For bench planes used to flatten, true, and smooth lumber, the bottom or sole of the plane needs to be as flat as possible and square relative to the sides. Planes used only for removing stock and making a board roughly flat don’t have to be quite as flat. The reason is that to flatten a surface, a plane depends on the front – or toe – and the back – or heel – of the plane to help limit the depth of cut. If a plane’s sole bows out in a convex curve, the results would be very unpredictable because they would vary with the pressure placed on either the toe or heel of the plane. If it is bowed inward in a concave curve, the toe and heel would make contact with the surface, but the iron would not cut the wood. A plane can only create a surface as flat as its sole.
The iron assembly is made up of two parts, the iron itself and a chip breaker. The iron is the part that actually cut the wood. A plane iron actually pries a chip of wood from the surface as much as it shaves of a layer. The sole of the plane in front of the mouth (the opening the iron sticks through to meet the wood) helps to keep the wood from splitting uncontrollably. The chip breaker helps to control this splitting by breaking the fibers of the wood so the wood already cut is not strong enough to pry up even more material. The chip breaker attaches to the iron using a screw that passes through a slot in the iron and into the chip breaker.
The cap iron holds the iron securely to the body of the plane.
The part of the plane body that holds the iron is called the frog. The top surface, or bed should be as flat as possible and make full contact with the iron to reduce chatter when the plane is being used. The frog includes the lateral adjustment lever (the part that looks like a tail sticking up in the photo above) and the iron depth adjustment knob (the brass knob that can be seen at the lower rear portion of the frog. The screw on the top of the frog is used to adjust the pressure the cap iron places on blade.
The lateral adjuster is used to adjust the amount of the iron that is exposed on the left and right side of the plane. It is used to make sure that neither side of the plane iron extends further than the other. The depth adjustment knob is used to control the depth of cut. It makes more or less of the iron extend through the mouth of the plane.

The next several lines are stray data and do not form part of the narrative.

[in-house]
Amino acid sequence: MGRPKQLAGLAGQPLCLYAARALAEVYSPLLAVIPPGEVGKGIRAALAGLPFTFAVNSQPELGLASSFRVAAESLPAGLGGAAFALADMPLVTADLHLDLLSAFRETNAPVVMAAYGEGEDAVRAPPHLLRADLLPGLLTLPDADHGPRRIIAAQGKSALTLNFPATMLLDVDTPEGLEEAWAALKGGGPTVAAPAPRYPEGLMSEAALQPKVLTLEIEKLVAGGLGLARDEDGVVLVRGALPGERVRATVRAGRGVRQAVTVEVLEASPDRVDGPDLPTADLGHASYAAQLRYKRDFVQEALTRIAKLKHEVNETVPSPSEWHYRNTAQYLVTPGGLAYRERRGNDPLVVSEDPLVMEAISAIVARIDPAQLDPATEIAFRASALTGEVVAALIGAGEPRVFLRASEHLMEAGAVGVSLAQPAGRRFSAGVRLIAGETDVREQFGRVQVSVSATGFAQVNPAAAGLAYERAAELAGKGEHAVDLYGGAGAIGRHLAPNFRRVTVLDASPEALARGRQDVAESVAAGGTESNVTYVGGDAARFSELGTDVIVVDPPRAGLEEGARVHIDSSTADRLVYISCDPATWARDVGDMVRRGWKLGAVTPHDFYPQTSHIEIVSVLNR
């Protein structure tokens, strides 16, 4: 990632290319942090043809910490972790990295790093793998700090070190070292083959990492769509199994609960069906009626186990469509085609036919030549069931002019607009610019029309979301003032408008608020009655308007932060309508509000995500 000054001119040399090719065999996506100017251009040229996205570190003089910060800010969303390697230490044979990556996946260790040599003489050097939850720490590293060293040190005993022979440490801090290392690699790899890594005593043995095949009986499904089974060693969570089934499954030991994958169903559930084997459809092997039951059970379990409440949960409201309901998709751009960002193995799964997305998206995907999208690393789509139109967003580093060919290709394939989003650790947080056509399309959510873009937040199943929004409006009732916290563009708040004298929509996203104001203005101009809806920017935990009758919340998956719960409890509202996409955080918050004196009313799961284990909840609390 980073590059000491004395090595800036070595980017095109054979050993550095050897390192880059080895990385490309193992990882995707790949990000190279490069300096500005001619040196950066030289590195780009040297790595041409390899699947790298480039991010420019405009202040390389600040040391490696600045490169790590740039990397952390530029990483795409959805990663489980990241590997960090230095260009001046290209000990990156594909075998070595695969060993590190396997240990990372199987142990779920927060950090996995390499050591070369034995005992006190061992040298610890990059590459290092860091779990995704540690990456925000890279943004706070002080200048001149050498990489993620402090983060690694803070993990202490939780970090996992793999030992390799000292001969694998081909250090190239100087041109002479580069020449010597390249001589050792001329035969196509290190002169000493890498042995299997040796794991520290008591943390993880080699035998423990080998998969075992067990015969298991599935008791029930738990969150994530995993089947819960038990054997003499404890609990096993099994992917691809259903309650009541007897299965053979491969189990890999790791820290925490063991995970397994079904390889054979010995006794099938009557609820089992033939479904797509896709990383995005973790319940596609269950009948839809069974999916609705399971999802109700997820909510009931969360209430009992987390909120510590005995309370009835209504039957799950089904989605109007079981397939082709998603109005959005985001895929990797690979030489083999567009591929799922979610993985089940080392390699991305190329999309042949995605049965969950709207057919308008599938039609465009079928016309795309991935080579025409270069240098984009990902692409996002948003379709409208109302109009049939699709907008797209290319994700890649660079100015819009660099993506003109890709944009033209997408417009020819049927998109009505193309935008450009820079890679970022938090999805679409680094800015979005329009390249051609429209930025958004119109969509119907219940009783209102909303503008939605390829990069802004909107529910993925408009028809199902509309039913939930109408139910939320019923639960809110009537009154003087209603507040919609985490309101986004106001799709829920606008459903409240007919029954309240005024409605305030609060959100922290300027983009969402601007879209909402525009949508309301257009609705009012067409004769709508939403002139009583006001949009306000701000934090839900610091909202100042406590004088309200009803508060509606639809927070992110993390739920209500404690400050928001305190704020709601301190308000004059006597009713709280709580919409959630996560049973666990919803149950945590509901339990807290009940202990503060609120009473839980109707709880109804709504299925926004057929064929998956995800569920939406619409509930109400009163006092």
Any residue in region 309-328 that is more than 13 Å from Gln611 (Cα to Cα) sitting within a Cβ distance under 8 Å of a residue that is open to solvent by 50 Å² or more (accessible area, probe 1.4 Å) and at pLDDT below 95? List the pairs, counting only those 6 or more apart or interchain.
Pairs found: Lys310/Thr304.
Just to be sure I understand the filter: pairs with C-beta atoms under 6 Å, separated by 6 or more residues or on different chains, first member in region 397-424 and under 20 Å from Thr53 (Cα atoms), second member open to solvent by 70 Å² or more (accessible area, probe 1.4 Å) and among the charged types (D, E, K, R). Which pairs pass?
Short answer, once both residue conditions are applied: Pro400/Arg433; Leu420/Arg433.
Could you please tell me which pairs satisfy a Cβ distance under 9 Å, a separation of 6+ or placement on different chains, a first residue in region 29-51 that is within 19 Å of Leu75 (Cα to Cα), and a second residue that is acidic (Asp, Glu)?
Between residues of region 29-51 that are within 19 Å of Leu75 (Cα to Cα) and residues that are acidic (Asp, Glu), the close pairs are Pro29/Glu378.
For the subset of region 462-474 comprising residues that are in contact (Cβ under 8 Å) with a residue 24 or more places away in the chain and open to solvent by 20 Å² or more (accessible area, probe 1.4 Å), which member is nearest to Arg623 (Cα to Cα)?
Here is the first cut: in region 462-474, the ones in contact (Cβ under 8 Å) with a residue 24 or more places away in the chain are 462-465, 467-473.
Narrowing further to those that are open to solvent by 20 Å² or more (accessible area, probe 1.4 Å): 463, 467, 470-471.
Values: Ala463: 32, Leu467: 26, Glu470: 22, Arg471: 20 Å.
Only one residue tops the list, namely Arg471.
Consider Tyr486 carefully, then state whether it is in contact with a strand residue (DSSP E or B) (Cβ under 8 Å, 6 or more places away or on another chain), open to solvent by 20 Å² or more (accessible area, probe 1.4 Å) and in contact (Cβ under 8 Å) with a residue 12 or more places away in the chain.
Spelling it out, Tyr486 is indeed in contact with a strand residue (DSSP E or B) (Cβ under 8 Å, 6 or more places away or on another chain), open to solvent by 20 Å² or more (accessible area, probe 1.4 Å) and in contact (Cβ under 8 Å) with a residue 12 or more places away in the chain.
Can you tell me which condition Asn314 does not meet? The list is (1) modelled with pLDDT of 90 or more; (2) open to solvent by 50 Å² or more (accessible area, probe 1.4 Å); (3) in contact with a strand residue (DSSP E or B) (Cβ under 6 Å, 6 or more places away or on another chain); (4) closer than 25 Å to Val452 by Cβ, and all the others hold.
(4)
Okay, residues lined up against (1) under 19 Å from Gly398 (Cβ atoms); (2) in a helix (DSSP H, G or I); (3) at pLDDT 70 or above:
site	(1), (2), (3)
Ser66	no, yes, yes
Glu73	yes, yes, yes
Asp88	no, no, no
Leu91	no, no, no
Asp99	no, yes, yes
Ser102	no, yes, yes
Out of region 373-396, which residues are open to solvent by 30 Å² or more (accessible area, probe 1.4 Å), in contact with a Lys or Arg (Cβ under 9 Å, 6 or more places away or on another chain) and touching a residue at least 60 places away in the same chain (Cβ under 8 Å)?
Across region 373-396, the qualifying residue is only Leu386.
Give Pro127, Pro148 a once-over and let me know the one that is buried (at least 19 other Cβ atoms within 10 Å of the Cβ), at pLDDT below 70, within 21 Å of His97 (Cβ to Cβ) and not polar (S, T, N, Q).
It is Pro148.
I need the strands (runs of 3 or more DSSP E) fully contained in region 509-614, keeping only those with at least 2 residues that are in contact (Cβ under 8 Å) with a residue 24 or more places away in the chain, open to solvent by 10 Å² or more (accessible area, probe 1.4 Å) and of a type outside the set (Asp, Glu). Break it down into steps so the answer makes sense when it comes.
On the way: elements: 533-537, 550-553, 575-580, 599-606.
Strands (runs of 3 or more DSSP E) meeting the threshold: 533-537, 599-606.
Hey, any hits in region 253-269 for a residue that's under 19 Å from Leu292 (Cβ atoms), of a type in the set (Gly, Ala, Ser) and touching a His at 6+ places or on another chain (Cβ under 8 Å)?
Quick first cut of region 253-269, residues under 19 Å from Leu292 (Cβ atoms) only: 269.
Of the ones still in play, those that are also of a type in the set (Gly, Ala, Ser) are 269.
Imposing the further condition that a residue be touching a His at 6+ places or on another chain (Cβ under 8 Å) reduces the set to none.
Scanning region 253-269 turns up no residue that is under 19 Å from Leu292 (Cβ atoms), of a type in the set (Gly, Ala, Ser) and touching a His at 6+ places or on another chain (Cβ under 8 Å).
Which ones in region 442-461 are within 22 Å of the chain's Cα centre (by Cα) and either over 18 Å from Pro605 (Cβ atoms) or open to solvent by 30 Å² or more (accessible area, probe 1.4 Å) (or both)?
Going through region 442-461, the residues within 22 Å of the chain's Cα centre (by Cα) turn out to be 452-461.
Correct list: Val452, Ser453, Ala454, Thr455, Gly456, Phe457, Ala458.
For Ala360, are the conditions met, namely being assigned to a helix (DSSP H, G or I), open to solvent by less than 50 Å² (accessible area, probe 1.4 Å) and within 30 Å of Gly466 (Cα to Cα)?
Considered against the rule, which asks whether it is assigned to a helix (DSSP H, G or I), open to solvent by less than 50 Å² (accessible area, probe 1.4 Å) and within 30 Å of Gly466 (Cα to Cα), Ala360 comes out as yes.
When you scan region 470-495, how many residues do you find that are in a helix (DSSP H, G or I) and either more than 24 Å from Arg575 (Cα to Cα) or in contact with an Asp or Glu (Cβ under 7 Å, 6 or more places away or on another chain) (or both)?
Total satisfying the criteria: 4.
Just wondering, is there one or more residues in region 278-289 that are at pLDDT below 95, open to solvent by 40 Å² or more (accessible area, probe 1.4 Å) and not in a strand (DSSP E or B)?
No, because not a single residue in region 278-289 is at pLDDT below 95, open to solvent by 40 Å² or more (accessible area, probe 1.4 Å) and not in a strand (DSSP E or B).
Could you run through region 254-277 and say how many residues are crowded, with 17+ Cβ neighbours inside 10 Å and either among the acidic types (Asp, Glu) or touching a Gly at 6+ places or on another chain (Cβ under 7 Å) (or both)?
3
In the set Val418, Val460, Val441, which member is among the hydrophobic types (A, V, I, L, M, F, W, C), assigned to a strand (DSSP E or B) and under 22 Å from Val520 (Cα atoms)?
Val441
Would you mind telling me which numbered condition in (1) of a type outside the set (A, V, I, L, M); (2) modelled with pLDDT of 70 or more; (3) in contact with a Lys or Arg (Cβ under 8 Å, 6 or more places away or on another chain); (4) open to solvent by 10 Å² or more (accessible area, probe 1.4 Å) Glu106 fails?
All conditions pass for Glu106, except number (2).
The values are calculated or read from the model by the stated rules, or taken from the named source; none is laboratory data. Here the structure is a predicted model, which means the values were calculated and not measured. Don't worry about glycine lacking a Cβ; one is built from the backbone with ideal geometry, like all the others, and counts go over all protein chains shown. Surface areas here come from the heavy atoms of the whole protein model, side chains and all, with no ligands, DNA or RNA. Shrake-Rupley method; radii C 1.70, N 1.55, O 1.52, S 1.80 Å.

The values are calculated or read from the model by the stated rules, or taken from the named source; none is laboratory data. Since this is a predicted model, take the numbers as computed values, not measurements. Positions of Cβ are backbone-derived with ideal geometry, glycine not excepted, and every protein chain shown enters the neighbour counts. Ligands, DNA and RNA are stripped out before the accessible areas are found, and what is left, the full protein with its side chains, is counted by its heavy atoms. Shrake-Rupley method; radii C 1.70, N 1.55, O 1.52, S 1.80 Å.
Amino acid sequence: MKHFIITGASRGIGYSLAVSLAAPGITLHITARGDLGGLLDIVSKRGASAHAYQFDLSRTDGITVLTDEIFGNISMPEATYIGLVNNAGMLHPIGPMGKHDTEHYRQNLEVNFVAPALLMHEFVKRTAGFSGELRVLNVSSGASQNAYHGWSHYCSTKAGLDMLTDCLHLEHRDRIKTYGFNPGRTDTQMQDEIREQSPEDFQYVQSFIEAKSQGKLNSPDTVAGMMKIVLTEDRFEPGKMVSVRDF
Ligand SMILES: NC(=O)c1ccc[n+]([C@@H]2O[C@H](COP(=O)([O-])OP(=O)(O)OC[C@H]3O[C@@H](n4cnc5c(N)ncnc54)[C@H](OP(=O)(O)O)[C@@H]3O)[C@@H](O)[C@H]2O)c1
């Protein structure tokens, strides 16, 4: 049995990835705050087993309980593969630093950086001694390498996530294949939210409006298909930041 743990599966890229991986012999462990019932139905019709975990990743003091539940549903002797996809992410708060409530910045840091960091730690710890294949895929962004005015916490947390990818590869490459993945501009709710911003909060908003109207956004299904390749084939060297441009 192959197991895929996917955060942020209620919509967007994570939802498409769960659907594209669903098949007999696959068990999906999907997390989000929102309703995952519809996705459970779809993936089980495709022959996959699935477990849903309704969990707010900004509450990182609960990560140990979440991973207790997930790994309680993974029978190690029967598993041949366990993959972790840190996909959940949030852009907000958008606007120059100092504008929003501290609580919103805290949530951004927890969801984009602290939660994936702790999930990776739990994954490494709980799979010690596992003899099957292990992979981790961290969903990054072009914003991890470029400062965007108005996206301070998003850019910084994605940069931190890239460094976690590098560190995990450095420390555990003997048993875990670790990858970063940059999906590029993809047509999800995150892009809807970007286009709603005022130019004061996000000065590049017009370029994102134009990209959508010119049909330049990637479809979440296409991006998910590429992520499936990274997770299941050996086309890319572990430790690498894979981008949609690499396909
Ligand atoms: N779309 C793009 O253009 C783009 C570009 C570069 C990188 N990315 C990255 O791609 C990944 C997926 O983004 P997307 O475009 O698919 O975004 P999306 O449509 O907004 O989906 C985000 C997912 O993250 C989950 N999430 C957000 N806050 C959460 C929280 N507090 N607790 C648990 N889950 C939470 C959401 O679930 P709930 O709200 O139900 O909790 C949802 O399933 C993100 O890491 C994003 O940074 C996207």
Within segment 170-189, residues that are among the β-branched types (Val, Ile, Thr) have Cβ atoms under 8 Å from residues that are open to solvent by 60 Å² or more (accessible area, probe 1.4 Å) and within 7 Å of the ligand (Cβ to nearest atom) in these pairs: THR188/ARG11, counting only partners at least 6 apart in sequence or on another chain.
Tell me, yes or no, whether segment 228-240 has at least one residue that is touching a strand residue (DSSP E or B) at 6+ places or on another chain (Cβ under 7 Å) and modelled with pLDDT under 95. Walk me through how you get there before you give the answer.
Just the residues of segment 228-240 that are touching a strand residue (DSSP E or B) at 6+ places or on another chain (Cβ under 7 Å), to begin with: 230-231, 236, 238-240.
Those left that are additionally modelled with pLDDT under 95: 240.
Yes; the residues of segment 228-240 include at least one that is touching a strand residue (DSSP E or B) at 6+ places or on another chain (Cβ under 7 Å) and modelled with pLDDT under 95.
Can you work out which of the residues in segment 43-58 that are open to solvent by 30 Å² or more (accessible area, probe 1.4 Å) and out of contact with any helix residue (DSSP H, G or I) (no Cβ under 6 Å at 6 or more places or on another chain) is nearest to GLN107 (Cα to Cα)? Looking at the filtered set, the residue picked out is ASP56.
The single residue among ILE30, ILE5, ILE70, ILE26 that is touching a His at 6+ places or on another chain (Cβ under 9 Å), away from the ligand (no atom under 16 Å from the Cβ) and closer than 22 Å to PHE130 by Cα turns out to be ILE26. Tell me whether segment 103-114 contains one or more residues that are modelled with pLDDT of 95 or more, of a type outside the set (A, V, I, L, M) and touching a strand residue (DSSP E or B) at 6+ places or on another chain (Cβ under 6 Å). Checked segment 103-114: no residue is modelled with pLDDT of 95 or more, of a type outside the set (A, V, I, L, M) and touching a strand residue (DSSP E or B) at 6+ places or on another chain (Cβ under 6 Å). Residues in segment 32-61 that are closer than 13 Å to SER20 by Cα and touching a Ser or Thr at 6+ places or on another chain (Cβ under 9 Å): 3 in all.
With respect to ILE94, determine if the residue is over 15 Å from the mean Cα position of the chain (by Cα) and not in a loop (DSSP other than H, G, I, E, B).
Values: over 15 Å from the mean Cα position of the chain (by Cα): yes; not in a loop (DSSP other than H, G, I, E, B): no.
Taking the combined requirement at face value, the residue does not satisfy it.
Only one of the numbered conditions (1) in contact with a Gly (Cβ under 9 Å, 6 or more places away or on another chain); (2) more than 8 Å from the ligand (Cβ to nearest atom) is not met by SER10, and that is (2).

On most planes, the opening of the mouth of the plane can be adjusted by using the frog adjustment screw (the brass screw shown in the photo above.) To adjust the position of the frog, two screws (which fit into the two empty holes in the photo above) are loosened and then the frog adjustment screw is used to move the frog forward or backward. Once it is in the desired position, the two screws are re-tightened.
That covers the components of a traditional bevel-down plane. Now let’s move on to how the adjustments are made in use.
When using a plane for rough stock removal, the chip breaker is set so that a significant portion of the iron extends past the chip breaker (between 1/8″ and 1/4″), the frog is moved backward to allow larger chips of wood pass through the mouth, and the depth of cut is adjusted for a deeper cut.
For flattening, truing a surface, the chip breaker should be about 1/8″ from the cutting edge of the iron, the frog should be adjusted so that about half the mouth of the plane is open for chips, and the depth of cut should be adjusted to take a progressively finer cut. The depth of cut starts out fairly aggressive and as the surface becomes flatter, the depth of cut is set finer and finer until the surface is as flat as desired (or as flat as the sole of the plane).
For smoothing the surface of board, the chip breaker is set with around a hundredth of an inch or so of the iron exposed, the frog is moved forward so the plane can only take a very thin shaving, and the depth of cut is adjusted to only a few thousandths of an inch. This fine setting makes the chips as week as possible which helps to prevent tear-out.
This post has been a long one. Next time, I will look at the components and use of bevel-up or low-angle bench planes. Until then…